Ethiopia is on its way to being the next African state to pass an anti-gay bill. Lawmakers are set to pass legislation that would put homosexuality, which is already illegal in the country, on a list of criminal offenses deemed ‘unpardonable’ under Ethiopia’s amnesty law. The move, which would put same-sex acts on the level of such crimes as rape, terrorism, and human trafficking, follows the enactment of similarly harsh anti-gay legislative measures in Uganda and Nigeria in a worrying trend of targeting gays for political point-scoring.
Indeed, supporters of these measures in Ethiopia are apparently taking a page out of Ugandan President Yoweri Museveni’s playbook. Addis Ababa Youth Forum, a prominent youth group affiliated with the ruling EPRDF party has been echoing much of the same anti-gay rhetoric that has become so pronounced in Uganda, including characterizing homosexuality as a western import and linking it to pedophilia and other social ills. The successes of this demonization campaign — especially in boosting popular support for its political proponents — should explain why it’s gaining favor across Africa, including in states that already have homosexuality bans on the books.
VISUAL CONTEXT: Gay rights in Africa
Along with Weyneye Abune Teklehaimanot, an Ethiopian Orthodox Church association which also boasts ties to the government, Addis Ababa Youth Forum is planning a mass anti-gay demonstration in Ethiopia’s capital. While the rally is reportedly backed by a number of government institutions, it has yet to receive official approval, perhaps reflecting some of the same qualms that made Museveni pause for so long before signing his country’s own anti-gay bill. However, these qualms (mainly fears of international censure) are increasingly outweighed by the clear advantages of leveraging widespread homophobia for domestic political gain.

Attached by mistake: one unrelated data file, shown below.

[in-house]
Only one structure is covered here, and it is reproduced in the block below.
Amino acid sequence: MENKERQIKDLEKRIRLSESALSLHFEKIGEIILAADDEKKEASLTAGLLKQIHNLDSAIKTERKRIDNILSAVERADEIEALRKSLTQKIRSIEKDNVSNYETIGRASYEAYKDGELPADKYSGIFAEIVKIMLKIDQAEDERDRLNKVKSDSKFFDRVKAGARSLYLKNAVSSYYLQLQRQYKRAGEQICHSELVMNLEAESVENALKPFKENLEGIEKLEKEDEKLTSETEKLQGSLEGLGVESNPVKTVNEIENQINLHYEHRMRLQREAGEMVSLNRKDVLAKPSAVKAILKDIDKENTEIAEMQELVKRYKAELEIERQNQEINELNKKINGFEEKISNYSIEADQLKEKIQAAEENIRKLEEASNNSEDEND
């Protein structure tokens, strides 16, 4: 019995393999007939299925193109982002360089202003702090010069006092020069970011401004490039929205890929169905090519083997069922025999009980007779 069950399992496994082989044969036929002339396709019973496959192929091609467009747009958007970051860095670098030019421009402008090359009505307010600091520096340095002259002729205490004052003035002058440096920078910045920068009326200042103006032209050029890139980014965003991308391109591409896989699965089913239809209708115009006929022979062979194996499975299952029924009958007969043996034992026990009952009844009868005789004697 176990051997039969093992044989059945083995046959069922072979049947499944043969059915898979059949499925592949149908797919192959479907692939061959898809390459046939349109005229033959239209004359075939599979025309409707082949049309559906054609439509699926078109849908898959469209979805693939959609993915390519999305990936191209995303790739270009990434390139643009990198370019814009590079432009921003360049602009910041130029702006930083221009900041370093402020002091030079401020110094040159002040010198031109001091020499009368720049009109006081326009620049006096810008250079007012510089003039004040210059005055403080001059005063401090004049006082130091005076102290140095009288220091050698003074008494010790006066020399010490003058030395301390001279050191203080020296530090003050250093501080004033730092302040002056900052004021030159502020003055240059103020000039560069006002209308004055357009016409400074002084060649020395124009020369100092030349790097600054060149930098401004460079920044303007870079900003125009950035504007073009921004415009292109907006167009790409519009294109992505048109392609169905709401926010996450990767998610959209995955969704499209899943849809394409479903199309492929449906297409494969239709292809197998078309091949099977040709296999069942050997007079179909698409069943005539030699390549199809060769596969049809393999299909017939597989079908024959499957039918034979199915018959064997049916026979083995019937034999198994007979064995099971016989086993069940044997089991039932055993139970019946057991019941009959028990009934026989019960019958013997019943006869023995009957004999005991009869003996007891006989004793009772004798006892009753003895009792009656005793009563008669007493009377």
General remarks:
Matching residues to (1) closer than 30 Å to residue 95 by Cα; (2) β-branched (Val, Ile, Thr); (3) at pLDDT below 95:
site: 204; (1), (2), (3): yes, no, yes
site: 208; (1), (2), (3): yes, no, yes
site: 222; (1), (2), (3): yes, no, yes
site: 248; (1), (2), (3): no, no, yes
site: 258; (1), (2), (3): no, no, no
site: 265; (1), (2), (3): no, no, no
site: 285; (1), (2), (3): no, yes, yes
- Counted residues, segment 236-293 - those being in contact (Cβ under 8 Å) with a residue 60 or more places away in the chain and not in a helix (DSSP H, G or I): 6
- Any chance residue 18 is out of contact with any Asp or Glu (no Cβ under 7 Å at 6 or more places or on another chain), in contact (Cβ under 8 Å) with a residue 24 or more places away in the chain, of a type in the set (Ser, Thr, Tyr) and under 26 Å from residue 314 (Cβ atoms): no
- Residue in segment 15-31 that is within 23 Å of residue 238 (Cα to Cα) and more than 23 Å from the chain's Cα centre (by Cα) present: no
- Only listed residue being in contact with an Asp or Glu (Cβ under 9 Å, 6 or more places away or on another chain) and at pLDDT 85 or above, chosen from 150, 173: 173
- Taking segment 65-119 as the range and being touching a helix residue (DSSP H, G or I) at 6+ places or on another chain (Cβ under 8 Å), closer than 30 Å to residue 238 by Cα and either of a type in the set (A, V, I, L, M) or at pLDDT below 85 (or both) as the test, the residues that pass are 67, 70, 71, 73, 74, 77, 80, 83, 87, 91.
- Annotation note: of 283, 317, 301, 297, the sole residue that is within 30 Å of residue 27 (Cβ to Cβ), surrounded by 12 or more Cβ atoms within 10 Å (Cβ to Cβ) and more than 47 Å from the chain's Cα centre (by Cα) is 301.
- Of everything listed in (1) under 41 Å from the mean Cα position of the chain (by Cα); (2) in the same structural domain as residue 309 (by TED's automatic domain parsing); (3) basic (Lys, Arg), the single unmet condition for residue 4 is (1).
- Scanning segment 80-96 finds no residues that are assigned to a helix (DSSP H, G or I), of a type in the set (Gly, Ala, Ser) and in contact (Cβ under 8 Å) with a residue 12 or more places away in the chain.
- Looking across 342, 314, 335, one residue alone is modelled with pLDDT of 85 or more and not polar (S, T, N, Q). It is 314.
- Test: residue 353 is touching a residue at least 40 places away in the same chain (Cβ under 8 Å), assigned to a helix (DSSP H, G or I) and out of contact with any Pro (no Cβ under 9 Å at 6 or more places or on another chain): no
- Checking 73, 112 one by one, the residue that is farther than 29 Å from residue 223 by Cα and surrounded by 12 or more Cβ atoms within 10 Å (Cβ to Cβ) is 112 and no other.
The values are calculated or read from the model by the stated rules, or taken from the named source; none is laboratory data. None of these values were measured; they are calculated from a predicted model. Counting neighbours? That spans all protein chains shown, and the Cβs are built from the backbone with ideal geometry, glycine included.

And with elections coming up next year, there should be little doubt that politicians in Ethiopia will continue to draw on such tried and true targets to boost their own standing. Meanwhile, this tactic of fanning the flames of homophobia also serves as a convenient means of justifying the country’s already robust suppression of foreign NGOs promoting human rights — something the government may also have an interest in tamping down on ahead of elections. Anti-advocacy laws, which ban NGOs receiving funding from abroad from participating in human rights work, have been successfully marketed in Ethiopia by drawing on fears of ‘homosexual recruitment’— a pervasive theme for anti-gay campaigns across the continent.
All this while the threat from a real foreign import continues to grow — a recently released report by Human Rights Watch accuses Ethiopia’s government of using software from Chinese and European firms to conduct mass surveillance of Ethiopians as a means of silencing dissent. Should Ethiopia pass this latest anti-gay measure, the expected round of condemnation from European governments should be undermined somewhat by their complicity in enabling the broader climate of repression that makes these anti-gay measures possible. But that is precisely the utility of these deliberately provocative measures; they are convenient, symbolically-powerful targets — for both their supporters and opponents.